CDB’s regional non-borrowing countries back Barbados’ new development financing model for poor countries

Last Updated on Tuesday, 20 June 2023, 14:12 by Denis Chabrol

Venezuela’s Alternate Governor for the CDB, Ambassador Raul Licausi

CASTRIES, ST Lucia, June 20 (DW).-Regional non-borrowing members of the Caribbean Development Bank (CDB) on Tuesday backed Barbados’ plan for rich countries to fork out billions of dollars in grants and cheap loans to poor nations like those in the Caribbean to help them grapple with the impacts of climate change.

“The Bridgetown Initiative 2.0 could generate sufficient momentum and energy to enable the development of a New Regional Financial Architecture, more inclusive for developing countries, more responsive to the current economic and financial challenges, with less preponderance of conditionality and oriented towards ensuring the welfare of the people,” Venezuela’s Alternate Governor for the CDB, Ambassador Raul Licausi told the opening of the 53rd Annual Meeting of Board of Governors.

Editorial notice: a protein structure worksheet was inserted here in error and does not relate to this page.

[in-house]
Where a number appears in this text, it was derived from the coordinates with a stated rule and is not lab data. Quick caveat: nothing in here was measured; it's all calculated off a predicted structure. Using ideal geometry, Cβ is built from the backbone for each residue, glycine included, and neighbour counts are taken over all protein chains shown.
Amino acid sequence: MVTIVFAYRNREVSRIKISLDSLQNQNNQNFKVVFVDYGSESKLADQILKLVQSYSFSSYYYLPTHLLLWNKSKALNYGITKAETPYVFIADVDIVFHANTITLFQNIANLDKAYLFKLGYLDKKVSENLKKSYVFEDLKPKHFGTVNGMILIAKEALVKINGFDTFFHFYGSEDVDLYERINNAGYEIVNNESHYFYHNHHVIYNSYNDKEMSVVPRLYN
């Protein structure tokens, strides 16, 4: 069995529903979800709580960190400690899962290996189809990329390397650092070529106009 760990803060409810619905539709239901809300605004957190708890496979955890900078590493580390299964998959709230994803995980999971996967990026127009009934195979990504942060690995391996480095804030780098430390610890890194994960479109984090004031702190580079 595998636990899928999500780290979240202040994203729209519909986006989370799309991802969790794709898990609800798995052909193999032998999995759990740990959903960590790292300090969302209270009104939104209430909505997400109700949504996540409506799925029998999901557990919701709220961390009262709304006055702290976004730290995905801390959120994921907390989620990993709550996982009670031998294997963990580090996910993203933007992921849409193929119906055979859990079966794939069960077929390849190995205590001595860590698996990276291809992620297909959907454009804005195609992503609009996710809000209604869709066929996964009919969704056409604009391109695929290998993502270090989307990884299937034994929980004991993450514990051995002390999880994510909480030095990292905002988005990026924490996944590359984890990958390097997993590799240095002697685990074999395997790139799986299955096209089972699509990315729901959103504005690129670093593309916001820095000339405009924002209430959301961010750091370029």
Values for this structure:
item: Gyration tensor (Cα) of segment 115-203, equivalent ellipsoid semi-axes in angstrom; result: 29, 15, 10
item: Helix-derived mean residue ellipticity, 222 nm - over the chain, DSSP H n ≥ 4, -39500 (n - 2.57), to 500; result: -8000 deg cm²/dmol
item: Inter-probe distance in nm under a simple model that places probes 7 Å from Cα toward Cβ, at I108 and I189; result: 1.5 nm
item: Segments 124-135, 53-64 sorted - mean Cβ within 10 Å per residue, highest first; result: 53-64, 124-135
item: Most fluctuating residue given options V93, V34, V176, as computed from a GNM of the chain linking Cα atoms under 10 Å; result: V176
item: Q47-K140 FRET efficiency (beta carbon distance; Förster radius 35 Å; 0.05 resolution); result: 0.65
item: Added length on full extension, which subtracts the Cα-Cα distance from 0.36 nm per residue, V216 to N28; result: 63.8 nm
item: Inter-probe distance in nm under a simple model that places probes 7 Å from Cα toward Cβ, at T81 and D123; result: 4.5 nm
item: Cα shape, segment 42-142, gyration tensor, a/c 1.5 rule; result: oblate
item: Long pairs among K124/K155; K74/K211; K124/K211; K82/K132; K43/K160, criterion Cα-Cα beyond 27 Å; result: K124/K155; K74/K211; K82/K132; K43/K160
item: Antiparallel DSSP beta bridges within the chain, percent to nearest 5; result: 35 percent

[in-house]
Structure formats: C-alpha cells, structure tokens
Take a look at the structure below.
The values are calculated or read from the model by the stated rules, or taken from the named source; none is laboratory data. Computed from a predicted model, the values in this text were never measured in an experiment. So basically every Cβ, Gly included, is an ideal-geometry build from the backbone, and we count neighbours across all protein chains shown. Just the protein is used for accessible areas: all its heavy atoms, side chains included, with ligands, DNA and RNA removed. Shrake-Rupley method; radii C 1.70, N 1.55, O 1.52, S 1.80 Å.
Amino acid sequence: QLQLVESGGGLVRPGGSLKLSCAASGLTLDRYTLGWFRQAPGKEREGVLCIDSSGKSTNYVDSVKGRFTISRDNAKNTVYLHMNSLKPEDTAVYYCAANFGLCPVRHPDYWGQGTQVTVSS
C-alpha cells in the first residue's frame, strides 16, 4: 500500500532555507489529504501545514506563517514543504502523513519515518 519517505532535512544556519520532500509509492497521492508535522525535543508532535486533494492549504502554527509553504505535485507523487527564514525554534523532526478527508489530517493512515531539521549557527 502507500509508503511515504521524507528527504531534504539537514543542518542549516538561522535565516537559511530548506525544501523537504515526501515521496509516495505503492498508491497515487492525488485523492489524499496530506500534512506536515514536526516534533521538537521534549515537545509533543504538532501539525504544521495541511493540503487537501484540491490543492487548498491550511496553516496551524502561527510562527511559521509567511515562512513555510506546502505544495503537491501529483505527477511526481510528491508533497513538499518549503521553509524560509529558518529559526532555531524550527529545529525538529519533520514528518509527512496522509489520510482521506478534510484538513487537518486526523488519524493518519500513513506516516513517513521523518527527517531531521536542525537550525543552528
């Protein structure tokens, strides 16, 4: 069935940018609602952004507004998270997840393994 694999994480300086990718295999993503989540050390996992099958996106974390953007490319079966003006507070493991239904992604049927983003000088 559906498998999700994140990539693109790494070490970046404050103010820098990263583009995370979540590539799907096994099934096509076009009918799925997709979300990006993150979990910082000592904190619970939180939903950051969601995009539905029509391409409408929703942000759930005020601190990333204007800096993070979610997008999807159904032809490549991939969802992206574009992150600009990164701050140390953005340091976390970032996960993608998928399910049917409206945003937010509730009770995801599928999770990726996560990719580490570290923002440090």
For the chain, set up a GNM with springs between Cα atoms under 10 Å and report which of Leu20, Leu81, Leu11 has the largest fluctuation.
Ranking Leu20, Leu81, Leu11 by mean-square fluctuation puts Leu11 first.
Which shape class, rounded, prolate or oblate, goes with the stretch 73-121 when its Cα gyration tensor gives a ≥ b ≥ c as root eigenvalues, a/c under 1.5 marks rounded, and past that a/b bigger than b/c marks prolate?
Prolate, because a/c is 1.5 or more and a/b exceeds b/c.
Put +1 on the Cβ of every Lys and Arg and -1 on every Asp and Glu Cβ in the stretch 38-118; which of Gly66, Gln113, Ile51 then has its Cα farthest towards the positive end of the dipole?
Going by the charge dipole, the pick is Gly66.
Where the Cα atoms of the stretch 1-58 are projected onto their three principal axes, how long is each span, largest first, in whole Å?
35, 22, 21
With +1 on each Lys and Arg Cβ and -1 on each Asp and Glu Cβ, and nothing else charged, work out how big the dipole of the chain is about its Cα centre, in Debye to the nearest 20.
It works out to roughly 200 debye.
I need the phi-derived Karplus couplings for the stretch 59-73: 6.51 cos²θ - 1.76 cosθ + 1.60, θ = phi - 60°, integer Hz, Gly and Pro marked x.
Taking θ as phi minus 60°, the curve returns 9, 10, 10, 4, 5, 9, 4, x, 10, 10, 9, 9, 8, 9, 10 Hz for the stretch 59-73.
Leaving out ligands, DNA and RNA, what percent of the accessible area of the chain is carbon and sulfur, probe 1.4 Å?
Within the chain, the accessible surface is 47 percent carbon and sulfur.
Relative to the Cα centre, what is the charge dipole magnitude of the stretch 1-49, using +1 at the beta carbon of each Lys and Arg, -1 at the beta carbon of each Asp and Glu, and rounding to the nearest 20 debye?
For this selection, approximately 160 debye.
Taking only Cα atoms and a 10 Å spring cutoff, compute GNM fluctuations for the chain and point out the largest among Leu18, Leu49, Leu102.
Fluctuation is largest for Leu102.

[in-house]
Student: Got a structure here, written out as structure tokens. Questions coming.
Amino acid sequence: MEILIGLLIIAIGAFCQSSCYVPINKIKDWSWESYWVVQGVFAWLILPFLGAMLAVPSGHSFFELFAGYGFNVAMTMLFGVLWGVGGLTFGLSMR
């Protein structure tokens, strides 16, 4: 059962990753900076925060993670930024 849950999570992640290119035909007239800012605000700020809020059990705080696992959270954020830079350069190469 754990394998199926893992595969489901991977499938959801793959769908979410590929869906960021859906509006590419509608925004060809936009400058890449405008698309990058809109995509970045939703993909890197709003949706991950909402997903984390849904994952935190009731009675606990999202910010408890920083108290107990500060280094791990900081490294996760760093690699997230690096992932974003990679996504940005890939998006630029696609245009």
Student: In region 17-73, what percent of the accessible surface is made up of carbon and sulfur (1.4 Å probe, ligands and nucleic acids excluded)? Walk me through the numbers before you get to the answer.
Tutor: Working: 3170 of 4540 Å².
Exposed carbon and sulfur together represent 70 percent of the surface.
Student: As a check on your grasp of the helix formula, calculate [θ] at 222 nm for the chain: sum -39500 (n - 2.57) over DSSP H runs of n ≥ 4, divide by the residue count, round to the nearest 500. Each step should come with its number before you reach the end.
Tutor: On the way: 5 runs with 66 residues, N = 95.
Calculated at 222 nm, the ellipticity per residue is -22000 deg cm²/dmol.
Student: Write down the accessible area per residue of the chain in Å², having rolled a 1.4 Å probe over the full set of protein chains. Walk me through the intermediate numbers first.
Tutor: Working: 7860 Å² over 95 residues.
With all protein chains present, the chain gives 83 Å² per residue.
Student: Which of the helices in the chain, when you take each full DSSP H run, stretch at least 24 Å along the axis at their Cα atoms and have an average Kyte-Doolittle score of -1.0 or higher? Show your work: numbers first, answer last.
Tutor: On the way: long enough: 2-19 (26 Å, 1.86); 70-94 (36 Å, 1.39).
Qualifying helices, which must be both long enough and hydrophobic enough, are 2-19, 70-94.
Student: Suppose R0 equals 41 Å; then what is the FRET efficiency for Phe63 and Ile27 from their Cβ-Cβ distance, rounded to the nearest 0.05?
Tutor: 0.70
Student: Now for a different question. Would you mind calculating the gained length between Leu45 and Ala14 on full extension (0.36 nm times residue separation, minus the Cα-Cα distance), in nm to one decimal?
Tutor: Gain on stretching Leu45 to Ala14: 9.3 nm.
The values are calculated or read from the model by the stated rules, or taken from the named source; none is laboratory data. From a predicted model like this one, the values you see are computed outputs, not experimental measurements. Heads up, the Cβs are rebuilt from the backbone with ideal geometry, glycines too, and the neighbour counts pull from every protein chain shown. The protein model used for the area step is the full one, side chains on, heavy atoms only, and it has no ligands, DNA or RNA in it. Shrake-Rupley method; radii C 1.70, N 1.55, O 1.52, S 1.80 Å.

Speaking on behalf of the CDB’s four regional non-borrowing members-Brazil, Colombia, Mexico and Venezuela- Mr Licausi said Venezuela also endorsed the regional bank’s focus on access to financing this year because it is “very relevant” for the current economic situation and it is fundamental to the development process in emerging economies.

Noting that there is a global scarcity of financing, the Venezuelan Alternate Governor to the CDB agreed that access to finance must be reoriented t0 allow international financial institutions to provide greater support to developing countries. Like the CDB President, Mr Licausi said access to finance must not only be determined by income but must be focussed  on addressing the vulnerabilities of Caribbean economies to external shocks, natural disasters, and variations in international markets, especially in the countries with the greatest difficulties.

The Bridgetown Initiative 2.0 touts the need to change the terms on which monies are loaned and repaid by taking into account the impact of natural disasters on existing debts while seeking new loans; the need for development banks to loan an additional US$1 trillion to developing nations for climate resilience, and and establish a new system with private sector support to fund climate mitigation and reconstruction after a climate disaster.